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Fear of Samba Finds Hope

Samba dance and music has infiltrated many parts of Brazilian culture to become a major part of the Brazilian experience. Even it’s unique roots could not discourage the dance from  becoming synonymous with Brazil and Rio’s Carnival. This paper will discuss the roots of Brazil’s most famous dance and style of music – samba, the tradition and culture surrounding it, and how it is so deeply rooted within Brazil’s culture that neither the fear of catching the zika virus nor the extreme lack of pay will influence performers against participating.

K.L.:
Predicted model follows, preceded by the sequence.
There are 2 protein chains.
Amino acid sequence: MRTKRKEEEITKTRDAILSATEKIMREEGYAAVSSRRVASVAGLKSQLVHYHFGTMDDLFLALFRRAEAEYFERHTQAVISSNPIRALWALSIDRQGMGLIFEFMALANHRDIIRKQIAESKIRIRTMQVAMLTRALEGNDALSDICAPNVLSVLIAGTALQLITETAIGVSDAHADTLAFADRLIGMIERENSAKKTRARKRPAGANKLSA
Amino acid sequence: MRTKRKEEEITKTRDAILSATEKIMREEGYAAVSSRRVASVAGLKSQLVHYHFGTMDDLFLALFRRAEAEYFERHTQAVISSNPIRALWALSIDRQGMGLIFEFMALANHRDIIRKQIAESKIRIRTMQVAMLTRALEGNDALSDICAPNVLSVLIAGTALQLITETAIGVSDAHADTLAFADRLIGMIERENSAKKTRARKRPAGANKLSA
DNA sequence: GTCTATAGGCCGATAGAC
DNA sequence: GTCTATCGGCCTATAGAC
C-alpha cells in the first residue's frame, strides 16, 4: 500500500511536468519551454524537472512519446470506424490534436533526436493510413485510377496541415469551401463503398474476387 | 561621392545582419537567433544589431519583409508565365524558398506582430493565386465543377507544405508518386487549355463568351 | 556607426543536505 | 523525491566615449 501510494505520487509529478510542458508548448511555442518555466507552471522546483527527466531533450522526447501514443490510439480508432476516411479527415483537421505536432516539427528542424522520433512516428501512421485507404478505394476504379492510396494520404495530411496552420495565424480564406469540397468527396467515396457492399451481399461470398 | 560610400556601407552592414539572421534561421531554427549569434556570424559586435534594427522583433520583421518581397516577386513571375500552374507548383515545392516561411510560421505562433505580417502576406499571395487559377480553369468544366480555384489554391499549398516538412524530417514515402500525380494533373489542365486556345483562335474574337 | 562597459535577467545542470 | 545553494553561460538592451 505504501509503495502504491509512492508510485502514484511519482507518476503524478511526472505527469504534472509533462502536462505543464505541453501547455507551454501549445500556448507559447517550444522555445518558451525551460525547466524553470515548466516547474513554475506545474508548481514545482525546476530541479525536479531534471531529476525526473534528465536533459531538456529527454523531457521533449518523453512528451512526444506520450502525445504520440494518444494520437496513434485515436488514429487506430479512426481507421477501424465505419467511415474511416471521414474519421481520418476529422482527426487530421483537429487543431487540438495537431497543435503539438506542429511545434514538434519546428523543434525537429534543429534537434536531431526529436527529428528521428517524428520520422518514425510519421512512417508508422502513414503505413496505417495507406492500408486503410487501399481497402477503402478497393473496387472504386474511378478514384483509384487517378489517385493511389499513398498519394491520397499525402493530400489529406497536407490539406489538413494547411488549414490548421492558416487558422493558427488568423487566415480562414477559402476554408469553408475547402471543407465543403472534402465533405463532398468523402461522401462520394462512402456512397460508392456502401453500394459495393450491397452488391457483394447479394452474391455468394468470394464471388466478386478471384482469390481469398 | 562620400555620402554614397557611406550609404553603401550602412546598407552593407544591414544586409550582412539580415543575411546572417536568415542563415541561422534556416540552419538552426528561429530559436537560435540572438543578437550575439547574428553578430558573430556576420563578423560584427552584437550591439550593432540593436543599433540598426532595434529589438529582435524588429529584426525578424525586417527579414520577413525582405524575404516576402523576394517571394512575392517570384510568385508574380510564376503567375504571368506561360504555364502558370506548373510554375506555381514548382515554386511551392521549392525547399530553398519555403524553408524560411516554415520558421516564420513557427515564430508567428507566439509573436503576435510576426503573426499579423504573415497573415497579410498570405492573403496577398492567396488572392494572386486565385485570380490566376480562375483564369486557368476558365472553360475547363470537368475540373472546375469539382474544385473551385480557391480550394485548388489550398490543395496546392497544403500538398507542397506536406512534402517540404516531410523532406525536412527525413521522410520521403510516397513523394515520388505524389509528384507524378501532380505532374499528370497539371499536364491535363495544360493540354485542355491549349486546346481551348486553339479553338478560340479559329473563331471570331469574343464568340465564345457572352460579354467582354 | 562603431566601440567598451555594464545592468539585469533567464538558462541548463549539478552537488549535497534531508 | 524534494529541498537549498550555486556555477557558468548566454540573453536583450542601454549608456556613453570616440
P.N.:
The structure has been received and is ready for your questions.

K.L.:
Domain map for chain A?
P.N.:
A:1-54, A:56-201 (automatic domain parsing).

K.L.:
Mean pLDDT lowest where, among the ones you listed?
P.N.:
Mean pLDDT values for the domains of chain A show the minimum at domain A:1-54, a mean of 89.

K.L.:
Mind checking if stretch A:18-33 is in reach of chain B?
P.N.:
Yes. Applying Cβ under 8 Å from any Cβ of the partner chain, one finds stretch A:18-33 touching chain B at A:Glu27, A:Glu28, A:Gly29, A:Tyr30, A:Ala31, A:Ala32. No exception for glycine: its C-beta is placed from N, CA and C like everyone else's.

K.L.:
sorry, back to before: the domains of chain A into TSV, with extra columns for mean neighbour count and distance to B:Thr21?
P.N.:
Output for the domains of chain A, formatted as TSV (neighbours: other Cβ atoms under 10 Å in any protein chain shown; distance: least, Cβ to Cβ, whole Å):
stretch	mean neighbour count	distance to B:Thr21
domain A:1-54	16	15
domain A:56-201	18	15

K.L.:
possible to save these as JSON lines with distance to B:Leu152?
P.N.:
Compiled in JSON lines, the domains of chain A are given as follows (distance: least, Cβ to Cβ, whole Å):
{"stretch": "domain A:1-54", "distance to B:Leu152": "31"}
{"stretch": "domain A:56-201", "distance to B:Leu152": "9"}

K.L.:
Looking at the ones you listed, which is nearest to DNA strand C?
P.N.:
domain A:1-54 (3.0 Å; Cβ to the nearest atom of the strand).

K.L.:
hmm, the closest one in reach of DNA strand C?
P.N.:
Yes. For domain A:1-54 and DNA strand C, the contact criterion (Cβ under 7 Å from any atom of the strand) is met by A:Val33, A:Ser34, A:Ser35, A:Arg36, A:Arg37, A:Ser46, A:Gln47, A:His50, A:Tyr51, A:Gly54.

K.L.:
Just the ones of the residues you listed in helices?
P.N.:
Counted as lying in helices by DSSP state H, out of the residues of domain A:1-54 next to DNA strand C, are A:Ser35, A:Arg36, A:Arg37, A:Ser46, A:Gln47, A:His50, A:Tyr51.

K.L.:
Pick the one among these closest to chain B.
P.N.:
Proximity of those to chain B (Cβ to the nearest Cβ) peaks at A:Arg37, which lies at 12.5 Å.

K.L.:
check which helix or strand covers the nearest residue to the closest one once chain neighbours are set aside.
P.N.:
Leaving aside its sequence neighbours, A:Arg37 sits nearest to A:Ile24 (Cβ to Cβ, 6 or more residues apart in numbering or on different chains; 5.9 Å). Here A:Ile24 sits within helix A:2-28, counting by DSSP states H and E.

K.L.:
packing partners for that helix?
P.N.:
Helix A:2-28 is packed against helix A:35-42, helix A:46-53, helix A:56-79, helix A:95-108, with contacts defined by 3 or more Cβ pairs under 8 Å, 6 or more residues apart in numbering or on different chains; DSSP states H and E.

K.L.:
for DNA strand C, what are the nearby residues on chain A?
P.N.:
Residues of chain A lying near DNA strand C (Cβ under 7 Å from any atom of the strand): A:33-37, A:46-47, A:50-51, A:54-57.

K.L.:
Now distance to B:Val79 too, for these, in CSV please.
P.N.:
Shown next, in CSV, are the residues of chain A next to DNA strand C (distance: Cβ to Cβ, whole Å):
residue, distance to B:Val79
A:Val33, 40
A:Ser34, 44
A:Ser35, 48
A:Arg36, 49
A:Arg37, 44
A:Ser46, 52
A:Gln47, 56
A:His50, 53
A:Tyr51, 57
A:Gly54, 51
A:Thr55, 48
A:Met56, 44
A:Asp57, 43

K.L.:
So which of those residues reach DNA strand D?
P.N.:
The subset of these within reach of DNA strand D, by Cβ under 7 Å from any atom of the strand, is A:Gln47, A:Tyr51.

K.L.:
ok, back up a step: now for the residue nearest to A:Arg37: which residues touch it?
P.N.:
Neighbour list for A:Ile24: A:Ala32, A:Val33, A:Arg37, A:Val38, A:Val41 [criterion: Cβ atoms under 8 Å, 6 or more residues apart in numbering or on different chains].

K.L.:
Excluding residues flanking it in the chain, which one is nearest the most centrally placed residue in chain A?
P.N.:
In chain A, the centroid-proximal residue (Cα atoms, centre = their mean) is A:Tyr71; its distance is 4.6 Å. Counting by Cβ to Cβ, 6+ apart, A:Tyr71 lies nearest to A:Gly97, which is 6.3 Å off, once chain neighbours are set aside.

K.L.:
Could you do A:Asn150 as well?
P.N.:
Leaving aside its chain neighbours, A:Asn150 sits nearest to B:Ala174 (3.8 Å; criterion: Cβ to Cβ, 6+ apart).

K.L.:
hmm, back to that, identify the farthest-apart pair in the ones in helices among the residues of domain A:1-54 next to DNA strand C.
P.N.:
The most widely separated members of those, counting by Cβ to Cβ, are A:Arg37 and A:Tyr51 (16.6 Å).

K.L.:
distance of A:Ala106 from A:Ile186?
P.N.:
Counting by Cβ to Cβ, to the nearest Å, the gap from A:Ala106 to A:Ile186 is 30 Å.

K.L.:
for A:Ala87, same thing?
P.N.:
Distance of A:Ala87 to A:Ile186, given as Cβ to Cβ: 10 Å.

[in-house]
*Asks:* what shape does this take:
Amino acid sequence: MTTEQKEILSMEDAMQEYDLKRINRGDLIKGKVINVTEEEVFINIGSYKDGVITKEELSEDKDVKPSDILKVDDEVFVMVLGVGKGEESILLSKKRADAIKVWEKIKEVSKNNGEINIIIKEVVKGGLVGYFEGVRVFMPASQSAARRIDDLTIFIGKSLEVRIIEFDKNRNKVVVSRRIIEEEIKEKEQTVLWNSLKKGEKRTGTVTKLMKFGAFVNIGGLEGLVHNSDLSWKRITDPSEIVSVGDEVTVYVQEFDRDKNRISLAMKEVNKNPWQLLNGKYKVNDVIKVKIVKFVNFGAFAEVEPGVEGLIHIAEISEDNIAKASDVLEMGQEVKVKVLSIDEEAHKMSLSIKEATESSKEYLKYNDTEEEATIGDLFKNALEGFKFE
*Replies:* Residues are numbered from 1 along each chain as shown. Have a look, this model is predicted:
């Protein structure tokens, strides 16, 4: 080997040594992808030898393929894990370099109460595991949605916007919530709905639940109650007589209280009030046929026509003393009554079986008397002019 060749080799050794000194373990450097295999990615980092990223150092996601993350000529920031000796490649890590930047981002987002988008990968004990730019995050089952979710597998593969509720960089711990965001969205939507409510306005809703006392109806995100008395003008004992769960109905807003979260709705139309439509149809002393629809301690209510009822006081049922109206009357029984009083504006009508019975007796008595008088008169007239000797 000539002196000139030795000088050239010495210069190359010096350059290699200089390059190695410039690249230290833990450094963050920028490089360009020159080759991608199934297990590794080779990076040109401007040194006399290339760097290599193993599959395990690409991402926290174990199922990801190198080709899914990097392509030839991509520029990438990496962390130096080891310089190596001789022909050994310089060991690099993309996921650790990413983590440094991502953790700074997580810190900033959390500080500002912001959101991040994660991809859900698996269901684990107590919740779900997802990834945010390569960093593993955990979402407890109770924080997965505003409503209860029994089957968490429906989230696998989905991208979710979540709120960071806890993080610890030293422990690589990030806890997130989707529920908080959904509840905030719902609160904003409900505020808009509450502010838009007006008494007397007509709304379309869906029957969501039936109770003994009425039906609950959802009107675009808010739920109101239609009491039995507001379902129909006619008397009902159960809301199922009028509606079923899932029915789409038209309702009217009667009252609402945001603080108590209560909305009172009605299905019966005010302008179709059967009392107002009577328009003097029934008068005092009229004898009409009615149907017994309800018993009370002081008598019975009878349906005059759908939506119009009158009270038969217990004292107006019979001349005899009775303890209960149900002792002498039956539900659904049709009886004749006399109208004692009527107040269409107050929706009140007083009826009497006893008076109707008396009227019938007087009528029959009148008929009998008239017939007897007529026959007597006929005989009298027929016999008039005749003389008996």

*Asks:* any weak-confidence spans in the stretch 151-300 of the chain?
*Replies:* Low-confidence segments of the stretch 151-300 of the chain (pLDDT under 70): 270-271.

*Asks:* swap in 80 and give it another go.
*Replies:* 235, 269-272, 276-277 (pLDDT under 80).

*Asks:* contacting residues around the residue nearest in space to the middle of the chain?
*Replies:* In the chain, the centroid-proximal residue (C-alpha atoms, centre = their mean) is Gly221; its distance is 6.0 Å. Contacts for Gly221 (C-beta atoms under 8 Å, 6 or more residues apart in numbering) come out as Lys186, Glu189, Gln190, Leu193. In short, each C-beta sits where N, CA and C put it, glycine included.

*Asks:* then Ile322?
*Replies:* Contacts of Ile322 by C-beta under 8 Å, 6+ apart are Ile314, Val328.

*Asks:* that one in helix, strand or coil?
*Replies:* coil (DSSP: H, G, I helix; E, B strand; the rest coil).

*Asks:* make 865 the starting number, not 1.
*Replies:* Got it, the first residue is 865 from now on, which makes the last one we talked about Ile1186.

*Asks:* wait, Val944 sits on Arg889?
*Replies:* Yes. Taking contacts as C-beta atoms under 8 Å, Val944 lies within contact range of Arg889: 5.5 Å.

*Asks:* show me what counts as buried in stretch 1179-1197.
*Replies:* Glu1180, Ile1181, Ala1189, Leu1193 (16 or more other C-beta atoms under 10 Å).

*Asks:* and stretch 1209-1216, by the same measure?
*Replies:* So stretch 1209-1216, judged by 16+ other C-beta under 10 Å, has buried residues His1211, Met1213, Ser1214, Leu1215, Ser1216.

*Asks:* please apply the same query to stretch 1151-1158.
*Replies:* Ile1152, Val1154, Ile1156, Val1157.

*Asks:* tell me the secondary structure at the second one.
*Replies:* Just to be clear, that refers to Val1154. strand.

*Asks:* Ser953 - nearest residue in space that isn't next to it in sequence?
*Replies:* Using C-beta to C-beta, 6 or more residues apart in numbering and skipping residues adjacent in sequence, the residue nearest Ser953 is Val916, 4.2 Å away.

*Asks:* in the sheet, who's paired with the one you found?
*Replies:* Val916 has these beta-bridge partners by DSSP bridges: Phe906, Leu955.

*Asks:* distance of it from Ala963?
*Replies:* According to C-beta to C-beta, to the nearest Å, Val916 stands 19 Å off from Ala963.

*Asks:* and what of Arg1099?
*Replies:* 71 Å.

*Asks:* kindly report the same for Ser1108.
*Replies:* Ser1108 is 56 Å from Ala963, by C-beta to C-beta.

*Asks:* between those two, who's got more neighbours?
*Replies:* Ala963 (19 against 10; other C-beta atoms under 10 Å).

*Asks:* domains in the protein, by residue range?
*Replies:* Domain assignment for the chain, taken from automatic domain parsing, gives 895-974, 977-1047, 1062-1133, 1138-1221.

Samba is a rich, syncopated rhythm with voluptuous dance moves involved that is associated with Rio de Janeiro’s Carnival (History of Samba). Samba was founded in the early 17th century at Pedra do Sal.  It originated from the Angolan term “semba” meaning “invitation to dance”.  Samba was influenced by many different cultures.  For example, Pedra do Sal was a former slave market that became “a popular Afro-Brazilian meeting point” (Sandy).  It is believed that the first samba was composed there.  In the Afro-Brazilian religion, “Samba means to invoke your personal orixa” or in other words, pray to a god or saint.  The African rhythms that influenced the uniqueness of Brazilian Samba music came from the Yoruba, Congo, and other West African groups (CNN).  Samba uses the hip movement incorporated into the dance that originally came from Congolese and Angolan circle dances during the colonial period. A dance known as Maxixe is also considered the Brazilian tango.  Around 1880, Maxixe couple dance developed from a blend of Lundu, which was European, namely German, polka, and Cuban habanera (Afropop).  Lundu introduced African traits to Brazilian music in the 18th century through its guitar and piano accompaniment. Maxixe and Lundu are the most direct precursors to modern Samba.  However, modinha, choro, and marcha were also influential in the development of Samba.  Samba was later influenced by American orchestras that brought in guitar and percussion instruments into the music.